Notwithstanding its current silence, HUD repeatedly has given tacit approval to so-called servicing released and yield spread premiums and has, through various opinion letters, testimony, consumer brochures, and the like, allowed the widespread impression to continue unabated that the practice, if not per se lawful, certainly is not per se unlawful. Here are a few examples:
"Similarly, other compensation paid by the lender to the mortgage broker, such as
servicing release premiums or yield spread premiums, or any other type of payment
or premium tied to the origination of the loan should also be disclosed."
"12.Facts. A is a mortgage broker who provides origination services to submit a loan to a Lender for approval. The mortgage broker charged the borrower a uniform fee for the total origination services, as well as a direct up-front charge for reimbursement of credit reporting, appraisal services or similar charges.
Comment. The mortgage broker's fee must be itemized in the Good Faith Estimate
and on the HUD-1 Settlement Statement. Other charges which are paid for by the
borrower and paid in advance are listed as P.O.C. on the HUD-1 Settlement
Statement, and reflect the actual provider charge for such services. Also, any other
fee or payment received by the mortgage broker from either the lender or borrower
arising from the initial funding transaction, including a servicing release premium
or yield spread premium, is to be noted on the Good Faith Estimate and listed in
the 800 series of the HUD-1 Settlement Statement."
"Mortgage Brokers. Some companies, known as "mortgage brokers" offer to find you a mortgage lender willing to make you a loan. A mortgage broker may operate as an independent business and may not be operating as your "agent" or representative. Your mortgage broker may be paid by the lender, you as the borrower, or both. You may wish to ask about the fees that the mortgage broker will receive for its services."
The only logical inference for the industry to draw from the limited advice HUD has given is that it interprets RESPA as allowing lender-paid broker compensation. It is now regrettable that HUD has failed to take responsibility to declare in unequivocal terms the intent of its policy. Thus, while HUD fiddles, the industry is being scorched by the high costs of defending against these lawsuits, not a single one of which has resulted in a final resolution adverse to the mortgage lending industry. Had HUD been willing to state its interpretation of the law clearly and in a timely fashion for the sake of all concerned--consumers, industry, and federal courts being presented with tortured interpretations of Section 8--we would not be here today asking Congress for help.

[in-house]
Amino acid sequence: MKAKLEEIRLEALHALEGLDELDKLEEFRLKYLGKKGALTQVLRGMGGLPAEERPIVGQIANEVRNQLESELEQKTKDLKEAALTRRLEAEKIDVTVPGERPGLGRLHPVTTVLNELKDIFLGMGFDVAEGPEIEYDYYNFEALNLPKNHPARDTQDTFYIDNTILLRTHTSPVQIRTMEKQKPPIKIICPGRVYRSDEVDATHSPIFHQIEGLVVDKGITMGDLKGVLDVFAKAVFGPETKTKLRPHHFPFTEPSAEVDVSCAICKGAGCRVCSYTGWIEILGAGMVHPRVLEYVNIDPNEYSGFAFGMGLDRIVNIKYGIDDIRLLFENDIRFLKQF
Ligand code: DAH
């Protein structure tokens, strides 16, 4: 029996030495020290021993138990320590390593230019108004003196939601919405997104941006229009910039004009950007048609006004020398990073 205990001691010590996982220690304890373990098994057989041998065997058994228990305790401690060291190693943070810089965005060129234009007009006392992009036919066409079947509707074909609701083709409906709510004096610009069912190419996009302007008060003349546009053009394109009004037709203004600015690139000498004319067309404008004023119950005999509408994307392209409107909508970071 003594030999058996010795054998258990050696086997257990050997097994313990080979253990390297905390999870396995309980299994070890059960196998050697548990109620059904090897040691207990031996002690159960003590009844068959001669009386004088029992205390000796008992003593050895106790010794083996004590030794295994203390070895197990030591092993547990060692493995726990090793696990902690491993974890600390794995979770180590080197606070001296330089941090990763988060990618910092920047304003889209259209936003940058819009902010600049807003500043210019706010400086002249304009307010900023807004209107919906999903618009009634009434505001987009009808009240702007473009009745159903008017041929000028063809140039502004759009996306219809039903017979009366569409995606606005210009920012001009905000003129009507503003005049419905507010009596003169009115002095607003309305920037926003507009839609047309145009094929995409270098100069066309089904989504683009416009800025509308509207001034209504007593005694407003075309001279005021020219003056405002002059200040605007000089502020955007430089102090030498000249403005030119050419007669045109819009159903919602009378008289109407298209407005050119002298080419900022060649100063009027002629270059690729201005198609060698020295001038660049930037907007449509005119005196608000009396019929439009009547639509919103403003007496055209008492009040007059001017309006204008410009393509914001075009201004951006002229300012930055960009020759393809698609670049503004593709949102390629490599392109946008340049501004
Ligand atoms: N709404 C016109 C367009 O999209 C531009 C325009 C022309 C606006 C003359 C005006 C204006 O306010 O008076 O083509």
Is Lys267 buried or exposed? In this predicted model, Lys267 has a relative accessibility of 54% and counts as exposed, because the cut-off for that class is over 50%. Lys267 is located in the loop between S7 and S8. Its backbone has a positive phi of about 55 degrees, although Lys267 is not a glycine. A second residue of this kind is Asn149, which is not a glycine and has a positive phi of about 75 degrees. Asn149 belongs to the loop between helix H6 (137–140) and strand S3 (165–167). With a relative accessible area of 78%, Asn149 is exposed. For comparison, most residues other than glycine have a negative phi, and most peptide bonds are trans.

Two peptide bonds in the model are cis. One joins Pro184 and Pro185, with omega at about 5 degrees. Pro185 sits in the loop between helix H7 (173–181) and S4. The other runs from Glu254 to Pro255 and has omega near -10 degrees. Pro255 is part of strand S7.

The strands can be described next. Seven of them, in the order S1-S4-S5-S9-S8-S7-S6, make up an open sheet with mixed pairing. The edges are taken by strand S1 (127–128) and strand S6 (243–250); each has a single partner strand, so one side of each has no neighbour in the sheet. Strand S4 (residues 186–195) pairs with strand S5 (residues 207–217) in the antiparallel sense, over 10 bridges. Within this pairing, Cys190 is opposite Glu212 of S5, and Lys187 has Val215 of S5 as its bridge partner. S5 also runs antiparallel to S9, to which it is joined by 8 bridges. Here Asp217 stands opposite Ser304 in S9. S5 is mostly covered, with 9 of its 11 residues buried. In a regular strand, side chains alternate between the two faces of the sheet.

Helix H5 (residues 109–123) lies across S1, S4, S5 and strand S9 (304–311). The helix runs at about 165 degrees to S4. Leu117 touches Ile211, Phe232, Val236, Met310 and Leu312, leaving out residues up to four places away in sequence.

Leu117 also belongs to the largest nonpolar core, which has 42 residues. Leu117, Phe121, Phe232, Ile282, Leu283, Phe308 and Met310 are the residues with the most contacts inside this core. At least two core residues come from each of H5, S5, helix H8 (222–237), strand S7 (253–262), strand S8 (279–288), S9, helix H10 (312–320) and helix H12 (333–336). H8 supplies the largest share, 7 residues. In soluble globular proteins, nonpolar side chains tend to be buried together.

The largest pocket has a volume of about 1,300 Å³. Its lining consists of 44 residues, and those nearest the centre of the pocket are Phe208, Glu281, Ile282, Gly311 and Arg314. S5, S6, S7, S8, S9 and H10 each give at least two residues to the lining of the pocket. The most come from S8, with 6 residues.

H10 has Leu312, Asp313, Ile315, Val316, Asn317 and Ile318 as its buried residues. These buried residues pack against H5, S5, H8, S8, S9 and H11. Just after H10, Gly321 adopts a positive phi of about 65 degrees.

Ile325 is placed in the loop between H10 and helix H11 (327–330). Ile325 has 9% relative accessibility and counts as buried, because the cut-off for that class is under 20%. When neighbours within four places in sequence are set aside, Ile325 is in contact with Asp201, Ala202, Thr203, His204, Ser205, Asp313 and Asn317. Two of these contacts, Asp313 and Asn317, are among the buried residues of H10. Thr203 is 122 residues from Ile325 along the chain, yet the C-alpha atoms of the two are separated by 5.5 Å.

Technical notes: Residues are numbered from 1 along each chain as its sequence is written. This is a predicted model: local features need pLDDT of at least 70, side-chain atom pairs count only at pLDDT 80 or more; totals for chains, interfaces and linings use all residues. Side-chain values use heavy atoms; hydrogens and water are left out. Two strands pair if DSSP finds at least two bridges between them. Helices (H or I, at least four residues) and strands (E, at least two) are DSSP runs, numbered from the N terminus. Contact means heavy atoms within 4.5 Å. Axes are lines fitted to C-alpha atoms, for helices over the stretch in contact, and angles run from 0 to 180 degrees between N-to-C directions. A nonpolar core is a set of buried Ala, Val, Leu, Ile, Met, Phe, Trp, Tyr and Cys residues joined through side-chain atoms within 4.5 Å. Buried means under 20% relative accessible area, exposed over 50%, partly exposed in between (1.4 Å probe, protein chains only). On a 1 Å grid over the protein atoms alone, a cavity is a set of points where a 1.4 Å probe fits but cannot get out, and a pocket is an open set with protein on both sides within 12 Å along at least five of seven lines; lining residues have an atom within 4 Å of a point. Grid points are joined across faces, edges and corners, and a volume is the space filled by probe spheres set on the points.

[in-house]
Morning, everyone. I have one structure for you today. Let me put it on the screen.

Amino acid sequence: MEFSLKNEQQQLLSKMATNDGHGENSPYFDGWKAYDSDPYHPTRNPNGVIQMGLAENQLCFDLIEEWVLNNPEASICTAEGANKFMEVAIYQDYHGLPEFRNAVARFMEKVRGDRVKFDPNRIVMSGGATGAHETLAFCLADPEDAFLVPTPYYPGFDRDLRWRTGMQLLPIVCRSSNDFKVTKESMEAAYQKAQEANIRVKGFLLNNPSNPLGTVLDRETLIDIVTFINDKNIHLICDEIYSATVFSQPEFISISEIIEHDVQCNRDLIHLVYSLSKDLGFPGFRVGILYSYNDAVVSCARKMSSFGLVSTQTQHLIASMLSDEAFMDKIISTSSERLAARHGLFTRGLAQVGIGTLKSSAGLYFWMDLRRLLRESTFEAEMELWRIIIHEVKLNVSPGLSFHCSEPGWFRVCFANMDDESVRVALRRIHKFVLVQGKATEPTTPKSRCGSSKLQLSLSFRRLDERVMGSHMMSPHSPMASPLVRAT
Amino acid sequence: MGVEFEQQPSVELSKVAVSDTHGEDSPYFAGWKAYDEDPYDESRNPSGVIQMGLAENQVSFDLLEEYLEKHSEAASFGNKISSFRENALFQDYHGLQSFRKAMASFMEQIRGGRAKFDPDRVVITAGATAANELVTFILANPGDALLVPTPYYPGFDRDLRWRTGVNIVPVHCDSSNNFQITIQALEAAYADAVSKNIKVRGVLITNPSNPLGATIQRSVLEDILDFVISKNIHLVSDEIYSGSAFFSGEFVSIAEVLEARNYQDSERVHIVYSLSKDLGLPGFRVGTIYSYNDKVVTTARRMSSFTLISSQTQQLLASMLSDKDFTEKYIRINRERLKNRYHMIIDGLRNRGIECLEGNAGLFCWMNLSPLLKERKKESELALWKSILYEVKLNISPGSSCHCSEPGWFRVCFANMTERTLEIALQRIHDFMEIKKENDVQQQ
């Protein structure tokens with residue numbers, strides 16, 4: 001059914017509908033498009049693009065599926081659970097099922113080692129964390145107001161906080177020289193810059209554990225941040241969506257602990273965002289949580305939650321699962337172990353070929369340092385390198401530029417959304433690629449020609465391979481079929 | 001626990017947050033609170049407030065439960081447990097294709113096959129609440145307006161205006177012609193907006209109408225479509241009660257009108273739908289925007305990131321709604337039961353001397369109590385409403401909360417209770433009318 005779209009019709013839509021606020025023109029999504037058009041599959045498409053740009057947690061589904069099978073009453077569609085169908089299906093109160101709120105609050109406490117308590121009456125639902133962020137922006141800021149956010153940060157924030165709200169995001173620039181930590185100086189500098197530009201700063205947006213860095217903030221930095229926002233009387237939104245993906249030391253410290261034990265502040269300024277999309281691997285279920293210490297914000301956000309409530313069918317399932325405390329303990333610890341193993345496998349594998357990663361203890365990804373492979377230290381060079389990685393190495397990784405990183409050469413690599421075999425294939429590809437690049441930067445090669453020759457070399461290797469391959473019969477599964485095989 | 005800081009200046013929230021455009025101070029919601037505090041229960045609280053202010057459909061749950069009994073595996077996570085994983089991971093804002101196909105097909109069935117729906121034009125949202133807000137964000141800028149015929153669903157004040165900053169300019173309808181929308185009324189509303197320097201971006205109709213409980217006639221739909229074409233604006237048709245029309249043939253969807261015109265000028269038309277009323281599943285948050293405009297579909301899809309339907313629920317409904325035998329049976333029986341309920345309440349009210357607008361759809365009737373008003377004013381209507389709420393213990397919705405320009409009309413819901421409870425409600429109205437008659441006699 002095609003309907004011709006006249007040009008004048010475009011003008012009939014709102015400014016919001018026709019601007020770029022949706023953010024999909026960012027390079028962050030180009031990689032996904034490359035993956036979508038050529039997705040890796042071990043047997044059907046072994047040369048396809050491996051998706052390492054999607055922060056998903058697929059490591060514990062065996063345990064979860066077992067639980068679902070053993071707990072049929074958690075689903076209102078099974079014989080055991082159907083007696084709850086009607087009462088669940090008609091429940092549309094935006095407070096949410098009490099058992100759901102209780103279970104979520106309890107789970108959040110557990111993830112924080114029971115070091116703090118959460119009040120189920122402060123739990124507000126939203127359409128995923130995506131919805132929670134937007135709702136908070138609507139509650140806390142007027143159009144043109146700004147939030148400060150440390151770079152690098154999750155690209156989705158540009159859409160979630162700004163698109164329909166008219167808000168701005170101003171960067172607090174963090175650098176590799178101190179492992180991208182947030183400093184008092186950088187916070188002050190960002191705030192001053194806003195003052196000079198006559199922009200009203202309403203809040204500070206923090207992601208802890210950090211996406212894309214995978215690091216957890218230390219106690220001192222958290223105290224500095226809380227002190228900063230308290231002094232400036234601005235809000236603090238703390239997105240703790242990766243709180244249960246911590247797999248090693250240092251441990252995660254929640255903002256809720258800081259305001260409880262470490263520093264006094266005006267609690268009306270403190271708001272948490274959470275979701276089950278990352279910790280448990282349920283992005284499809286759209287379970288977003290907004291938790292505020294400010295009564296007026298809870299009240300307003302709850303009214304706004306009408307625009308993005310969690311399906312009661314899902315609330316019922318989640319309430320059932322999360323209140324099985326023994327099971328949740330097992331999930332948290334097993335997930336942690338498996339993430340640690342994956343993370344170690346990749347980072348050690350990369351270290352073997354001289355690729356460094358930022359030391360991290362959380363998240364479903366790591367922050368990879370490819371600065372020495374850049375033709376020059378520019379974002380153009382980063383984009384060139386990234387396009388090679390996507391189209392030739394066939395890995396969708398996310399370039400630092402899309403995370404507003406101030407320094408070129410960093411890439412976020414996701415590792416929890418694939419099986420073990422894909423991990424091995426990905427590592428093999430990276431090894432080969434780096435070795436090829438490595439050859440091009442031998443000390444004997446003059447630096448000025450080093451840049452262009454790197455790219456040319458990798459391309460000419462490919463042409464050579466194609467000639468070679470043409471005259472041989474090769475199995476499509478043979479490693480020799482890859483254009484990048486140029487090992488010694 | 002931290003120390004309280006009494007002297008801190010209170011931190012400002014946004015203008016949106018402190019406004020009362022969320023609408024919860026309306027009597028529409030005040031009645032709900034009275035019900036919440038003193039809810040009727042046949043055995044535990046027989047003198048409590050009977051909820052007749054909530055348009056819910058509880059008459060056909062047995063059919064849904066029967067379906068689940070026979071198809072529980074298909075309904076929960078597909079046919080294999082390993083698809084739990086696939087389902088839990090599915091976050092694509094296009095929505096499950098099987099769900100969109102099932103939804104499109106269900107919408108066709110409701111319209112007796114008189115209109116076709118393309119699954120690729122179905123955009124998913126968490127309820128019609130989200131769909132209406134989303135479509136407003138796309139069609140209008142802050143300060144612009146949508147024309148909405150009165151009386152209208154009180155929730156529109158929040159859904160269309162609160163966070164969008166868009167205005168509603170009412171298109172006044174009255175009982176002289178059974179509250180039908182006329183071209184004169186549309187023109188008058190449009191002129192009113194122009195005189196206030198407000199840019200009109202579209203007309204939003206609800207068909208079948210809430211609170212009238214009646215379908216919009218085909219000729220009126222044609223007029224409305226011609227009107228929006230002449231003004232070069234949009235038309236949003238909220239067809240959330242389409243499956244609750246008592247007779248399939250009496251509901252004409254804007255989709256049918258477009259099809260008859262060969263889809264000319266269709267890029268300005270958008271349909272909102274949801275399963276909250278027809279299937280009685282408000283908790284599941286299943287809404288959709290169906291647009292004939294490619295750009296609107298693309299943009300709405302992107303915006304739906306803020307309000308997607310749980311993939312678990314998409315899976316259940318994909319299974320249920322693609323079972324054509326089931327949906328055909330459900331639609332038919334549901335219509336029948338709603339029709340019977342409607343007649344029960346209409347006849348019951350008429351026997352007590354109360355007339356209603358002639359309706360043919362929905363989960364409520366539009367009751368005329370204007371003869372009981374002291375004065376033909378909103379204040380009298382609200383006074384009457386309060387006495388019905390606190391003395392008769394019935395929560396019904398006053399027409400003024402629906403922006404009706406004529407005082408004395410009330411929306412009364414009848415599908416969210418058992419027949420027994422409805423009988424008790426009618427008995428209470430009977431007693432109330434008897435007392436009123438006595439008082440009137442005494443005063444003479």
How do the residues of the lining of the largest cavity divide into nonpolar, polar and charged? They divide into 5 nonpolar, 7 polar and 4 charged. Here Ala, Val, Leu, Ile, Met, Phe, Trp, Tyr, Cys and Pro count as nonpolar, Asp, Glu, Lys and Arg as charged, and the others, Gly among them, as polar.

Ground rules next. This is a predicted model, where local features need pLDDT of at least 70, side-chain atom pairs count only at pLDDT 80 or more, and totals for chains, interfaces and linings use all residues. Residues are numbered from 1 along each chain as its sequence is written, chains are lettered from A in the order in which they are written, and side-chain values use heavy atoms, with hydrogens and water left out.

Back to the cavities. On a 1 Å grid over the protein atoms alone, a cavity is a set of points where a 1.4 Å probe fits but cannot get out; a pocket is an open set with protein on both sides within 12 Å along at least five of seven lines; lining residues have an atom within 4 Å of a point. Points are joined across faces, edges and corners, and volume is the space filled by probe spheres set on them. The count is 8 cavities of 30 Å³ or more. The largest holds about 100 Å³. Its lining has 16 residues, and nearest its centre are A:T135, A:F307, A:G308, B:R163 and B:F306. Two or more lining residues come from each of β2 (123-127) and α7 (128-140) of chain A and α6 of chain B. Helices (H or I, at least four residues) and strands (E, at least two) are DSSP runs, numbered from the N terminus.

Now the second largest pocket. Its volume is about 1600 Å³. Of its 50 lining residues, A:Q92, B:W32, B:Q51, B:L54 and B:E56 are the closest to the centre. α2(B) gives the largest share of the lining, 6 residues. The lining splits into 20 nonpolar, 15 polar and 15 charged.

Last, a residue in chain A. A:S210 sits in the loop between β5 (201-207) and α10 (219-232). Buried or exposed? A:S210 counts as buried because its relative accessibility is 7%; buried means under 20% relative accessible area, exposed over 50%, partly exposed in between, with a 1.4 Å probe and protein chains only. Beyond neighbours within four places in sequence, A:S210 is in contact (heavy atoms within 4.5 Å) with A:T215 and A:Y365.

Mr. Chairman, appended to my statement is a summary or status report on the lawsuits filed to date that are nearing class certification. One of those cases, Mentecki v. Saxon Mortgage Inc., et al (Myers v. Crestar Mortgage Corp.), has a class certification hearing scheduled for late this week, on July 11. The time is ripe for action, and although the moratorium is an unusual approach, such action does have precedent. In 1995, Congress enacted legislation that imposed a moratorium on the certification of class-actions lawsuits involving the TILA. The suits were based upon an ambiguity in the definition and disclosure of finance charges. The Act was then followed by legislation that permanently resolved the dispute and provided relief for mortgage lenders from potentially devastating costs of their defenses. Although the facts of the cases in 1995 differ from the facts of the pending cases, enactment of a moratorium has been used in exceptional circumstances. The recent spate of lawsuits involving the yield-spread premium issue and the potential for extraordinary, yet unnecessary, costs creates just such an exceptional circumstance. Relief is absolutely necessary to enable Congress and the regulators to examine this issue thoroughly and to enact a comprehensive and permanent solution that addresses this and a host of other RESPA/TILA issues. All parties must be free from externally imposed pressures while undertaking the reform initiative. There needs to be a "time-out" to permit calm, dispassionate, uncoerced discussion of the issues on all sides. A moratorium is needed to accomplish this objective.